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This 15 page Study Guide was uploaded by Kristen Lynn on Friday September 18, 2015. The Study Guide belongs to ANFS101010 at University of Delaware taught by Griffiths,Lesa G in Summer 2015. Since its upload, it has received 141 views. For similar materials see Animals, Science and Society in General Science at University of Delaware.
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Date Created: 09/18/15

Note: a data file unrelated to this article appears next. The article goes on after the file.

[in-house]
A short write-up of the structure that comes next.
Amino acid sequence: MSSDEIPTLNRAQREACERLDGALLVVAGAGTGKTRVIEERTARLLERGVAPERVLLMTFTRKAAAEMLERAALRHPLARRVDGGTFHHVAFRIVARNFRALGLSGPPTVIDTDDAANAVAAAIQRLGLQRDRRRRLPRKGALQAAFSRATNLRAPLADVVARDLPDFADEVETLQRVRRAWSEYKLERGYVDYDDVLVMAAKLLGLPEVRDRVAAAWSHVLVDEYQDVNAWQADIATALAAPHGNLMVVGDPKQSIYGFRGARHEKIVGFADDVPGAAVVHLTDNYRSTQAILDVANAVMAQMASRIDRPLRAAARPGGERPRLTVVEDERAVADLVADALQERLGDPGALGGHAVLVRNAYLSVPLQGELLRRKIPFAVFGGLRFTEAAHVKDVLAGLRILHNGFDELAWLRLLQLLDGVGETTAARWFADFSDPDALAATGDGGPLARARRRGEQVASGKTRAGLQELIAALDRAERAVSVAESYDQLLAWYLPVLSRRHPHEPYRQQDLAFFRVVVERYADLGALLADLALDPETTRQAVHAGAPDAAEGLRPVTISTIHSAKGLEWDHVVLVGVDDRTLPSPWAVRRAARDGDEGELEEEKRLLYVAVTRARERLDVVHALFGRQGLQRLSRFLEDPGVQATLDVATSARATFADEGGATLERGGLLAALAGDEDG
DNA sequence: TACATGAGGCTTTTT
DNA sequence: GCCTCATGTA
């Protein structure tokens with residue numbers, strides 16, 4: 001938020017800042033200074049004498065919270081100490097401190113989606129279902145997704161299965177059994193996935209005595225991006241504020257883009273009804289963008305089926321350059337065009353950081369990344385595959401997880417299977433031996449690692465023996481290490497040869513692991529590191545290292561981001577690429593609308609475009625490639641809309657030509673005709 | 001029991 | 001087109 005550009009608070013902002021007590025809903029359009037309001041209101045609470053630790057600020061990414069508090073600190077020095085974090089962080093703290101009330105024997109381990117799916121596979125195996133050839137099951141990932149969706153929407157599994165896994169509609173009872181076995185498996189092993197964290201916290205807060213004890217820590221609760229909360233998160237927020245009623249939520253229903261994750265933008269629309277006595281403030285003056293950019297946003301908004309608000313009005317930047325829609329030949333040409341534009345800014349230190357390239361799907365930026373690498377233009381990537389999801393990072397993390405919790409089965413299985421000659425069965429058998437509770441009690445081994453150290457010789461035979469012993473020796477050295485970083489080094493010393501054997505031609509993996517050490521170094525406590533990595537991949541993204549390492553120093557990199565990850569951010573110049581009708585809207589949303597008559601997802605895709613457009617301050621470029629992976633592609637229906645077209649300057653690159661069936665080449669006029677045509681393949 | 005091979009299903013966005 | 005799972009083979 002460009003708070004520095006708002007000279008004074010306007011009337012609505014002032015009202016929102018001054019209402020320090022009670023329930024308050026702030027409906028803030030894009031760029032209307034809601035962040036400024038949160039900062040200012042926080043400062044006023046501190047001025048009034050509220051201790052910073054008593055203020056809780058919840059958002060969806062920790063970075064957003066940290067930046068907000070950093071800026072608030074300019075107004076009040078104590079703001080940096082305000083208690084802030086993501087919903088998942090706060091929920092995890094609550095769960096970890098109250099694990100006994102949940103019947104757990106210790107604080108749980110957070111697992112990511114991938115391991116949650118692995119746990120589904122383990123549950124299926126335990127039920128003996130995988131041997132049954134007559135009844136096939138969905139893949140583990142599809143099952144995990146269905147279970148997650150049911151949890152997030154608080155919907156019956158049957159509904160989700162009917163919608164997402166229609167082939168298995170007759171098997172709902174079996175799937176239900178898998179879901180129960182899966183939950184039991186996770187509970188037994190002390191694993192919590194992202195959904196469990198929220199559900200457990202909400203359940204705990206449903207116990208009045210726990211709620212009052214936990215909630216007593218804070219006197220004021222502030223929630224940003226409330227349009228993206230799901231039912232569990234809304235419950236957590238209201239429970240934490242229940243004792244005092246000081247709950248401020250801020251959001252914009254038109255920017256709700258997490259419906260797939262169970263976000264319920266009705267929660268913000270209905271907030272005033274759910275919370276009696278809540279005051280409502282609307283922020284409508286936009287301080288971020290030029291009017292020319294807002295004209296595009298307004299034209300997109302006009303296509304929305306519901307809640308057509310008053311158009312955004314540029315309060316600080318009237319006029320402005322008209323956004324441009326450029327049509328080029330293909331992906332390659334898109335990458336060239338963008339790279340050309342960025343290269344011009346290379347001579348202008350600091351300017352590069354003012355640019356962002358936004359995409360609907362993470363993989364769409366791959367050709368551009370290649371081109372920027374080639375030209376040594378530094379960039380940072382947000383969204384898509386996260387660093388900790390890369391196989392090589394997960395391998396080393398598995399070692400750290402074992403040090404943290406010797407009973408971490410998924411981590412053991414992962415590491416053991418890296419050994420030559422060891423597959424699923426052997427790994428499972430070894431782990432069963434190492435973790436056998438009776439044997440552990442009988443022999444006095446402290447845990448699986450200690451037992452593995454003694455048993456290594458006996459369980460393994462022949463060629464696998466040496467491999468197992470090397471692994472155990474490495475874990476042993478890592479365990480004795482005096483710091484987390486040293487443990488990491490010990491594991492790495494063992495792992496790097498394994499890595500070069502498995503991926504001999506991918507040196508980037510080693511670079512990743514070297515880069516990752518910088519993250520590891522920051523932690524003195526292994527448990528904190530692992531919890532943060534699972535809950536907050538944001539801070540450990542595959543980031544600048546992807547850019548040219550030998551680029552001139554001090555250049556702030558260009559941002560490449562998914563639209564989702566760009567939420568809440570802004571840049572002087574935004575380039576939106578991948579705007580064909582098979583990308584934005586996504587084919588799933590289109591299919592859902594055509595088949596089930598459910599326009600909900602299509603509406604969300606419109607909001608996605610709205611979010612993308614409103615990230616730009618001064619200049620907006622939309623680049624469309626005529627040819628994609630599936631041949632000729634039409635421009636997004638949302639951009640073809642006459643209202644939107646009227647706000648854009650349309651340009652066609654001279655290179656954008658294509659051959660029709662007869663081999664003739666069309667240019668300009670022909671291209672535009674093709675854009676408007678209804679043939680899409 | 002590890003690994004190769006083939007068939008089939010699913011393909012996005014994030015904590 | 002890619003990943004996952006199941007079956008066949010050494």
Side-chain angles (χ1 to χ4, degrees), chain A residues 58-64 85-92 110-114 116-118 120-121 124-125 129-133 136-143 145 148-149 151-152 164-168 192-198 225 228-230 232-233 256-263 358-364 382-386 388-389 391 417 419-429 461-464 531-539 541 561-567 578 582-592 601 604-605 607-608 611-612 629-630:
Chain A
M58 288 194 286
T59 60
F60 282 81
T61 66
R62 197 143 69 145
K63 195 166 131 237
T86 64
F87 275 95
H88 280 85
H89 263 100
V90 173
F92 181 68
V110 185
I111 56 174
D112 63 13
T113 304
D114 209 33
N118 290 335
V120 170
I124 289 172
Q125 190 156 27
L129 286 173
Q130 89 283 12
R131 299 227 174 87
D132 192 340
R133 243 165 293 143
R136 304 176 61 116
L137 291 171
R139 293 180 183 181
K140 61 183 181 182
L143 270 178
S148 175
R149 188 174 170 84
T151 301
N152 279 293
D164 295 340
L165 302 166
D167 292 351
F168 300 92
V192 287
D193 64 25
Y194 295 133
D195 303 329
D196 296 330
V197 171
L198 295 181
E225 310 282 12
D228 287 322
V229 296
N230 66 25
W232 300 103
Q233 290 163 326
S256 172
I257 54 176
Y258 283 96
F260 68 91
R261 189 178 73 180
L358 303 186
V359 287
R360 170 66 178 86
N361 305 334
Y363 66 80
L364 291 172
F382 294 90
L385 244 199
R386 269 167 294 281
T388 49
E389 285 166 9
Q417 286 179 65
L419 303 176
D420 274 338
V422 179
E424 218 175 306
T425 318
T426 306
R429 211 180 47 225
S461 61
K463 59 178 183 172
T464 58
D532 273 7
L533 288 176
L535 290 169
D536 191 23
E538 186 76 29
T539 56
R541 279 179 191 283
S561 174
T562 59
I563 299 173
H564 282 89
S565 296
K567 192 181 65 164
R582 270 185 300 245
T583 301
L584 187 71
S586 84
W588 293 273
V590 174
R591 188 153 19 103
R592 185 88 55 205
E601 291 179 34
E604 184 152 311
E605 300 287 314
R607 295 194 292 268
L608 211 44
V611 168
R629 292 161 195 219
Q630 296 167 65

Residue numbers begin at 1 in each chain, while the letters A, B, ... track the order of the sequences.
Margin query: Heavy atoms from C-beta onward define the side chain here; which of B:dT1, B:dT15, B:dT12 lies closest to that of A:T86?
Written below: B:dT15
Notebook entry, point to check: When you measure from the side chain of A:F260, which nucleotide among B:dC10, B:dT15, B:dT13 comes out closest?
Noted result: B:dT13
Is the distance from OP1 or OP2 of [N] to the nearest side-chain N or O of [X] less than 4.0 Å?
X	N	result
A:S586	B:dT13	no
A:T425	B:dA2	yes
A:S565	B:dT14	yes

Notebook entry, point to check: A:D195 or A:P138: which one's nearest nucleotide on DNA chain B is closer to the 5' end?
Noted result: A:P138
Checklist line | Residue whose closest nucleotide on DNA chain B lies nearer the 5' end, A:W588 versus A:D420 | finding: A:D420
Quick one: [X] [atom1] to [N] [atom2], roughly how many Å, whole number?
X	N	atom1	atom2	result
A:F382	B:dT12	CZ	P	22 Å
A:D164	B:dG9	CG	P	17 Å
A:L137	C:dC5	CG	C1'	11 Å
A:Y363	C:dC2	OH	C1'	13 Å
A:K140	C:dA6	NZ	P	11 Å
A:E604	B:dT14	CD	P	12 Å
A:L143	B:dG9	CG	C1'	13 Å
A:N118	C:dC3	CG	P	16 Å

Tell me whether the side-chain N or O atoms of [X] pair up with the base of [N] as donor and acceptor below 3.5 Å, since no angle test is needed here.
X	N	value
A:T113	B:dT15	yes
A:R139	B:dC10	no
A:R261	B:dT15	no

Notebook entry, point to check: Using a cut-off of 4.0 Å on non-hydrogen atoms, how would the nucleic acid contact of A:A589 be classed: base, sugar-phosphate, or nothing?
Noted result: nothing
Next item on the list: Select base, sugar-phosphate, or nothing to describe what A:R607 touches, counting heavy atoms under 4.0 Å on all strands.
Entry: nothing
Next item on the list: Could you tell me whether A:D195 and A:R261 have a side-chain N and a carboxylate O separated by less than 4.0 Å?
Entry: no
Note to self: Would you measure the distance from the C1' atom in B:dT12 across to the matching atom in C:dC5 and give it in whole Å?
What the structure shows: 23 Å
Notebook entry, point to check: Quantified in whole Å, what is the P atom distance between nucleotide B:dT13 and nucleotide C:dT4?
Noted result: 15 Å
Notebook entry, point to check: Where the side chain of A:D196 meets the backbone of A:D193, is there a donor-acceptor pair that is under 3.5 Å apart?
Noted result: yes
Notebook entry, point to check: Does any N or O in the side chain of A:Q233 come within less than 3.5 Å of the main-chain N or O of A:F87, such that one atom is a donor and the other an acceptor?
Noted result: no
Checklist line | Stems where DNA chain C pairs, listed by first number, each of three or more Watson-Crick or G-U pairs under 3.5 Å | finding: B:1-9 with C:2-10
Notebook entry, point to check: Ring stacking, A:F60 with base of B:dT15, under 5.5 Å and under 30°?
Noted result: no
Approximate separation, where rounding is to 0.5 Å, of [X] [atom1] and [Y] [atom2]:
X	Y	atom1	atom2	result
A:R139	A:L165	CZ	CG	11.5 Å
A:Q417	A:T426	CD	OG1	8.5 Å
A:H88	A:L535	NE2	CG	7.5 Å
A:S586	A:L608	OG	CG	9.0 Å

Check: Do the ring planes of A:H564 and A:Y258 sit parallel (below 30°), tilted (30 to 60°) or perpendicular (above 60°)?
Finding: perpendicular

ANFSlOl Professor Lesa Griffiths Lecture 1 In this course classify animals according to their role instead of their species 1 Formation ofthe Bond Anthropomorphism assigning human emotions and characteristics to animals a Bonds tend to form between different species under different circumstances than what humans usually have Familiar communication two species bond when they can communicate in familiar ways Well informed about behavior two species bond when one species is wellinformed about the behavior of the other species The paradox humans in general know very little about animal behavior nor do they have a sense of familiar communication with animals And yet humans have an extremely strong bond with animals So how does this happen The answer is anthropomorphismwe THINK that we communicate with animals and they understand us we THINK that we have an in depth knowledge of animal behavior The key concrete glue for the bond between humans and animals is anthropomorphism because it is in our nature to extend our own emotions and characteristics and apply them to animals Examples of anthropomorphism gt gt We use human words to describe animal behavior ex The dog looks sad lonely bored 9 therefore we use facial expression to connect with animals Animal behavior can sometimes seem human ex Dog sitting in front of TV can be interpreted as watching TV as a human would Animals tolerate our behavior ex When human dress up their dog in a costume causing humans to think that the animal likes them Humans vent to their animals ex Girl put her head on horse and talks about the bad day she had The horse keeps his head still and allows her to vent causing the girl to believe he is listening to her Commercials elicit a human animal bond in you by displaying human empathy in the animals Neoteny the retention of childlike characteristics These features elicit a caregiving response in humans Physical characteristics high dome forehead big round eyes amp shortened muzzle Vocalization higher pitch like that of a child Behavior incapable of caring for oneself Allelomimetic Behavior when an animal mimics the behavior of its social group whether that group consists of the same animal or humans This behavior causes us to immediately jump to conclusions and anthropomorphize However it is most likely linked to survival ex Stampeding in horses lead animal detects danger and leaps its herd follows without question Social Support the animal becomes apart of our Relaxation petting a dog can decrease blood pressure Shared experiences we relate getting through a bad time with an animal Reasons to move on loss of a loved one 9 taking care of your animal is a reason to get up and move on as well as reinstate a sense of normalcy to your life Nostalgia fond memories Longterm relationships help to cement bond Rescued animals notion of rescuing an animal contributes to an even stronger bond Symbolic all of these reasons can become symbolic for us All four topics Anthropomorphism Neoteny Allelomimetic Behavior amp Social Support help to cement the humananimal bond 2 Consequences of the HumanAnimal Bond Positive Consequences for humans A Health Studies have shown increased survival rates in cardiac patients cardiac surgery can cause depression and having a pet increases the survival rate lower blood pressure triglycerides and cholesterol Longer survival rates for elderly retirees a purpose taking care of another life exercise walking dog increases social activity 50 reduction rate in minor health problems may be too busy taking care of pet to report such minor aches and pains Reduction in fear dog owners feel safe having a dog as a form of protection B Psychological Studies show an increase in selfesteem and empathy in children who own a pet as well as adults ex In prisons Lowered rates of depression among elderly persons Fewer physical and psychological symptoms after losing a loved one Increase socializing potential especially for children and physically disabled ex Walking a dog you may run into another dog walker Your dogs want to play which facilitates a social interaction between owners Aids in social emotional and cognitive development ex Speech impediment may cause a child to avoid speaking out loud but they may feel secure enough to talk to their pet Thus encouraging the child and boosting confidence Improved morale and selfreported health Fewer psychosomatic symptoms minor reported 9 Nowadays animals are used in many different therapeutic roles C Misc Educate children about life events ex Death Pets can result in greater family cohesion more family time and fun Petowners score higher on measures of responsibility dependability nurturing helpfulness benevolence amp lack of gem Positive Consequences for Animals Most of us would love to describe our relationship with animals as mutualistic both sides benefit form the relationship However there is little data available to describe our relationships with companion animals except most being well cared for vet visits Negative Consequences for Humans A Conspecifics behavior in which animals that are in the same environment compete for resources such as food territory mates and social rank C Many of the animals we interact with are in social groups and that s why our companion animals adapt so well to being apart of our group they enjoy being a part of the pack However there are still a limited amount of resources in the home Animals are also driven by dominance hierarchies there is usually a quotbossquot in the animal social group which is why trainers tell owners to become the top dog or alpha 9 Conspecific behavior can result in negative behavior B Destruction of property animals can destroy personal property due to separation anxiety not being house trained etc Physical Injury if your animal has not been trained properly they could bite or scratch you cats could be fighting and you could accidentally be scratched D Separation Anxiety a strong attachment obviously exists 9 leads to anxiety when companions and owners are separated seen in both human and animal Negative Consequences for Animals The human animal bond is not always enduring Behavioral problems can arise often contributed to by owner Including gt Aggression owner fails to properly train their pet gt Separation anxiety owner leaves animal alone a lot causing anxiety gt Obesity owner overfeeds pet out of lovequot resulting in weight gain health problems Lecture 2 1 Pets and Companion Animals Our relationships with companion animals contribute to our physical mental emotional and social health Statistics Commonality starting with most common pet species mg Cats Birds Fish Ferrets Rabbits Hamsters Guinea Pigs Gerbils Turtles Snakes Lizards Livestock Many US households have more than one type of pet about 15 have at least one cat and one dog AVMA study indicates 574 own at least one pet 372 have at least one dog amp 324 have at least one cat Cats have passed dogs in pet popularity although majority of households have at least one dog more than those having one catHouseholds usually only have ONE dog while households with a cat usually have MULTIPLE cats Pet Industries Overall pet industries including pet food supplies grooming boarding amp pet sitting generates approximately 50 billion Pet food industry dominates the market grossing approx 19 billion annually Who has Pets Companion Species Most likely families with children Least likely older people above 65 who live alone More likely greater the household income homeowners larger household occupant numbers Purpose of the Pet amp Companion Animal Industry To support the animals in service and companionship to people Health humancompanion animal bond is now recognized as a contributing factor in the physical mental emotional and social health of the owner Companionship most common Role of Companion Animals Pets vs Livestock If we interact with the animal for pleasur Pet If we interact with animal to utilize them Livestock Example of how we classify animals according to m rather than species Not all companion species qualify as pet ex Barn cats are use for utility rather than pleasure even though cats are seen as pets Not all livestock species quality as utility some people have cows as pets even though cows are seen as livestock used for milk and meat B Classifying Pets 6 different categories Includes ornamental pets status symbols playthings hobby animals helpers amp companions Notice that companion animals are listed as a TYPE of pet they are not one in the same Companion animal an animal whose owner has an intense emotional tie to the animal Ornamental Pets Decorative pretty Enhance environment ex Fish tanks used to calm in doctor s office Seldom Handled ex finches Sometimes Named Brightly Colored birds fish most often used as ornamental Not generally considered companion animals Status Symbols origin of the animal is probably tribal usually rare amp unusual making them expensive and gives their owner a sense of prestige sometimes purebred admired and cared for while it brings prestige however they usually become too costly Poisonous snakes big cats vicious dogs wolves origin wolves hanging around tribes brought great status to the clan 3 Playthings Sport and recreation hunting dogs race horses Living toys for small children During their prime they may be object of considerable attention but may be discarded when they lose their skill or appeal ex hunting dogs get old and therefore slower duller senses Temporary shortlived may even be destroyed Enthusiasm without this the animal is in jeopardy Hobby Displayed in organized shows Collected and bred specifically for these shows competitions Owners often belong to clubs and societies meet to display and show pride in collections Complex Owners I Show animal owners have extensive knowledge of the breed I Animals are usually very well cared for I However sometimes the animal is simply seen as a prize and will be discarded after it is not longer useful Helpers Workers Perform vital services ex Police dogs searchandrescue dogs water rescue dogs and drug dogs in airports Complex relationships Service dogs 9 of the population has disability Helper dogs are held in very high regard even long after they are no longer needed and are unable to provide their service unlike many other types of animals we talked about Most transitional once they can no longer be a helper they transition into companion role 6 Companion Animals Treated as a subject not an object Council for Science and Society states the companion animal is typically treated as a subject as a personality in its own right irrespective of other considerations With companion animals it is the relationship itself which is important to the ownerquot Relationships include family member child friend servant amp partnership Companion animals are most popular in Mountain region 9 Why are dogs and cats such suitable companion animals They form durable bonds with humans do no usually run away Easily house trained Powerfu1 nonverbal communication I Postures gestures dog wags tail happycat wags tail mad cats puff up to show they are angry I Facial signals gta11 still anthropomorphism I Sounds dog barks growls cat hisses C Historical Perspective Dogs Gray wolf Canis lupis gave rise to the first domestic animal 9 dog humans and wolves share many of the same social characteristics living in clans hunting together motive for why wolves moved into human campsites to scavenge scraps from hump encampments Cats Cats were not domesticated until after settled agriculture while dogs occurred during hunting nomadic times Grain stored by farmers attracted many wild rodents which in turn attracted wild cats Evidence Egyptians had domestic cats as long as 6000 yrs Ago Somehow cats became associated with Satan worship and witches this resulted in a large number of cats being killed 9 led to an increase and spread of rats 9 helped spread the Black Death in Europe First cat show in England 1871 D Genetics and Breeding Programs In companion animals breeding is completely different from the breeding of livestock Breeding is based on phenotype its physical looks ex Colors patterns coat etc and pedigree ancestry ex Blue merle When you breed individuals that are related ex to get blue merle genes you also concentrate all the bad genes ex blue merle that has blue eyes often deaf 9 lots of genetic disease in bred animals Genetic disease from breeding is a huge red ag in livestock and is never repeated whereas in breeding dogs cats people do it repeatedly for People who breed usually have minimal knowledge of genetics resulting in many consequences deafness blindness disease Between 400450 dog breeds US dog registry for purebreds AKC American Kennel Club registers more than 170 recognized breeds 9 AKC classifies PUREBRED dogs into seven categories by function W PONP SJ39erSNNtquot Hound Working Terrier E31 Most popular breeds Lab German Shepherd Yorkie 2010 Nonsporting Herding Miscellaneous 9 Breeds of Cats Selected by human preference been around for hundreds of years natural breed ex Abyssinian Birman Burmese Chartreux Maine Coon and Egyptian Mau Breeders change natural breeds through selection human developed breeds ex Bombay Himalayan Spontaneous mutations development of new breeds as a result ex Scottish Fold American Curl American Bobtail Munchkin No predictability at first but after years of breeding and predictability is high you can say you created a new breed 9 Breeds of Other Pets rabbits are separated into distinct breeds began being domesticated as a foodfiber species not usually registered Reproductive Management A Dog Girl dog bitch Puberty begins 69 months decided by rate of maturity factors percent of mature size and weight as well as sex Ovarian or estrous cycle of dog is monoestrous having one period cycle per year Estrus heat or standing heat time of ovulation when animal can become pregnant Time between cycles 413 months 7 average Exterior signs of heat include behavioral changed marking territory swollen vulva light bloody discharge from vulva Heat is in uenced by burge of hormone progesterone and estrogen Estrus occurs 23 days after standing B Cat Female cat queen Signs of heat estrus restlessness vocalization amp marking territory Unique mating induces ovulation similar to rabbits high prolific animals can breed every single time she mates Puberty begins 418 months average 10 months Seasonally polyestrous during the breeding season she has MANY cycles When her breeding is dictated by photoperiod daylight 9 generally from March to September when daylight is longer Average length of estrous cycle in the queen is 1421 days Estrus usually lasts 7 days followed by a period of recess and then estrus again 9 Critical to neuter cats bc of how prolific they are Lecture 3 1 Nutrition of Pet Species Body that governs and regulates nutrition in the pet sector AAFCO Association of American Feed Control Officials AAFCO is more specific and strict than the FDA s regulations AAFCO regulates feed labeling product name nutrient analysis nutritional adequacy feed directions 2 cups a day and calorie amounts Note natural amp premium have no meaning in pet food labels Product Name names can only include certain words according to specific conditions as a result of 4 AAFCO rules 1 The 95 rule if a product is listed in the name then at least 95 of it has to contain it ex beef chicken fish however this does NOT count water percentage 2 The 25 rule if the product name calls itself a quotdinnerquot ex beef dinner tune entree then only 25 of the product must contain it 3 The 3 rule if the product claims it is food with something then it is only required to have 3 of that product ex dog food with beef 4 The avor rule the product can claim it is avored as long as the taste is detectable by the animal ex chicken avored dog food Net Quantity Statement this tells the quantity of each product in the container Ingredients are listed in descending order by weight however this includes water weight The quantity statement must state a guarantee for its minimum percentage of protein and fat as well as its maximum percentage of fiber and moisture bc they dilute Nutritional Adequacy Statement the most common word located on this statement is complete every mouthful is balanced for that animals nutritional needs other words include perfect scientific or 100 nutritious Nutritional Adequacy Statement also has to state the appropriate life stages in an animal for which the product is suitable maintenance growth puppykitten reproduction all life stages Feeding Directions must be on label to tell you how much food should be given to the animal Calorie statements on label are voluntary Other label claims trends of premium and gourmet labeled on bag but none of these words hold any real standing and have real meaning Natural can only be used in reference to the entirety of ingredientsnot just a couple of ingredients in the food USDA official seal only appears on pet food if it meets strict standards of the national organic program AAFCO also provides guidelines for food that control breath odor and reduction of plaque and tartar Human Gradequot and Human Qualityquot are NOT allowed on pet food 2 Challenges to Companion Animal Health Unlike veterinary care of livestock veterinary plan disease management health management and disease prevention vaccines are managed in an individual manner livestock whole herd or ock is vaccinated at once Cancer the uncontrolled growth of body cells or tissues this can affect nearly all organ systems some breeds are more susceptible to certain kinds of cancers Allergic Skin Disease skin problems can arise due to allergies common in dogs cats 9 results in itching hair loss and in ammation of the skin commonly due to environment ex eas Endocrine Diseases affect disorders of the endocrine system most common diabetes these diseases are seen mostly in middleaged animals 3 Trends in the Pet Industry Humanizing pets increasing trend of anthropomorphism has resulted in growth of the pet industry due to high demand for pet products and services Highest demand is by Baby Boomers have a lot of disposable income recently becoming emptynesters 9 get pets to fill void and drive up increase spending Percentage of spending mostly on food and veterinary care Baby boomer s desire to provide for pets increased resources for pet ownership adoption security and companionship a pet offers protection have increased pet industry Registered animal purebred numbers are declining Pet food now focuses on more than nutrition 9 they wish to mirror human preferences in pet food ex organic kosher vegetarian Remember cats are carnivores so be careful 1 in four dogscats are obese Vet expenditures are increasing 810 a year 4 What do you need to know to feed an animal Weight Age Is it a carnivore omnivore Breed tells us when the dog will mature What nutrients does it need Decided by what it is doing 9 term to describe if it is doing work can encompass growing pregnant lactating real work race horse rescue dog Where do we get the nutrients What are the feed sources ingredients lots of grain available in US cheap 9 lots of grain and corn meal in dog food even though it is bad for dogs Ingredients feedstuffs 9What nutrients are in the ingredients feed analysis which are usually published what quality and quantity of these ingredients How does one formulate the diet so the nutrient requirements are met amp balanced Using public data nutrient requirements composition of feedstuffs you can calculate amount Labels for livestock feed can say things like variety of grain productsquot instead of corn meal 5 Introduction to Nutrition Nutrient a chemical element that aids in the support of reproduction growth lactation and maintenance of life Nutrients include water protein fat vitamins and minerals How are Nutrient used Balanced Ration all the required nutrients are there in addition to the correct proportions Required nutrients maintenance reproduction lactation growth work Classes of Nutrients A Water Most overlooked but most critical Cheapest nutrient to obtain Water is 90 ofa developing embryo and 70 of a newborn is water Living organisms can only handle 20 water loss before death FUNCTIONS medium for chemical reactions transports nutrients through blood regulates body temperature SOURCES metabolic water feed drinking water B Carbohydrates Energy Basic building block that form carbohydrates glucose carbon hydrogen and oxygen carbs chains of glucose linked together Carbs are either burned up and used for energy or stored as fat and used for later converted to glycogen SOLUBILITY and DIGESTIBILITY how carbs are described 9 Determined by the number of monosaccharides and the way they are linked Disaccharides two monosaccharides linked together by linkages that are easily ruptured soluble Polysaccharides mostly found in livestock feed some like starch found in corn are easily digested linkages rupture while others like cellulose found in grass are not readily digested don t have enzymes needed to break linkages No animals possess enzymes to survive on cellulose alone grasshay C Proteins Composed of chains of amino acids Contains carbon hydrogen and oxygen like carbs as well as 16 nitrogen Number of amino acids and order of amino acids determines their FUNCTION Essential Amino Acids vs NonEssential Amino Acids ALL essential for life and needed for body function However some can not be made within the body Essential can not be synthesized by the animal on its own NonEssential can be synthesized by the animal on its own added to pet food to provide essential protein First limiting amino acid present in the diet in least amount relative to need most important to be provided in pet food bc you have the least amount of it ex cow needs to make COW amino acids so you feed it Cornbut it is still missing W 15t limiting amino acidso you feed it Wheat as well COrn Wheat COW 9 excess protein results in pee Ruminant vs Nonruminant amino acids D Fats and Lipids sources of energy nutrients we burn up to run or synthetic and breakdown processes 225 more potent energy source than carbs more expensive than carbs so rarely used in animal food composed of chains of 3 fatty acids hooked to a glycerol triglycerides Differences between fats unsaturated and saturated UNSATURATED Oils double bonds reactive less stable SATURATED Solids animal fat such as butter no double bonds more stable FUNCTIONS fats aid in vitamin absorption cushion and protect vital organs product palatability avor is contained in the fat feed quality effects fat can be used for pet food E Vitamins essential organic compounds catalytic help enzymes to function and react aid in the proper utilization of carbs fats and proteins Fat Soluble Vitamins vs Water Soluble Fat Soluble A D E amp K must attach themselves to lipoproteins to move through blood because they are not water soluble Water Soluble can be absorbed directly into bloodstream and excess buildup is excreted in urine F Minerals Solid inorganic crystalline elements make up our bones and teeth as well as components of certain enzymes Can not be decomposed or synthesizedminerals wont burn ash Minerals are classified on amount required for nutrients MACRO large amounts needed make up teeth and bones calcium phosphorus salt MICRO small amounts needed Minerals are naturally present in natural feedstuff plants soil stage of harvest FUNCTIONS many structure bones regulation blood nerves absorption hormone action transmission of nerve impulses maintain osmotic pressure maintain pH Minerals CAN be M Chapter 7 What are the different types of plants animals eat Cereal grains energy Legumes protein beans soybeans and pasture forage alfalfa Grass preserved form hay Silage made from different plants Other forbs and shrubs 9 All EXCEPT cereal grains are considered foragesroughages What are pastures Collections of plants that ruminants 4chamber stomach requires regurgitation of cud and reeating it to break down cellulose and nonruminant able to digest cellulose roughages in their hind gut herbivores graze and eat Can be natural vast spaces Or manmade where livestock producers selected specific plant seeds excess is usually saved and made into hay to eat later Examples of plants selected for pastures manmade Combo of grass and legumes pasture alfalfa Ex Kentucky bluegrass dense sod high palatability tolerates high stoking densities Orchardgrass Timothy grass Perennial ryegrass Reed canarygrass Tall fescue deep rooted persistent sod Aggressive grass that will dominate pastures so it is not easily restrained Types of legumes found in pastures Nonruminants Wild white clover most common Alfalfa high yield forage quality and compatibility with other grasses These legumes are known as forage bc they do NOT have beans omnivores and carnivores who lack a substantial hind gut needed to break down and digest high percentages of cellulose They are monogastric Their diets mainly involve cereal grains which are easily digestible wheat rye oats corn Cereal grains provide energy for nonruminants but where does their protein come from Legumes BEAN type not forage type soybean Other forage besides legumes alfalfa and wild white clover Silage occurs when a plant is harvested while it still has considerable moisture It is then chopped up and put into a silo storage container where microbial growth ourishes in the moist environment The microbes create acids that preserve the plant material which is know as silage Most common type of silage corn silage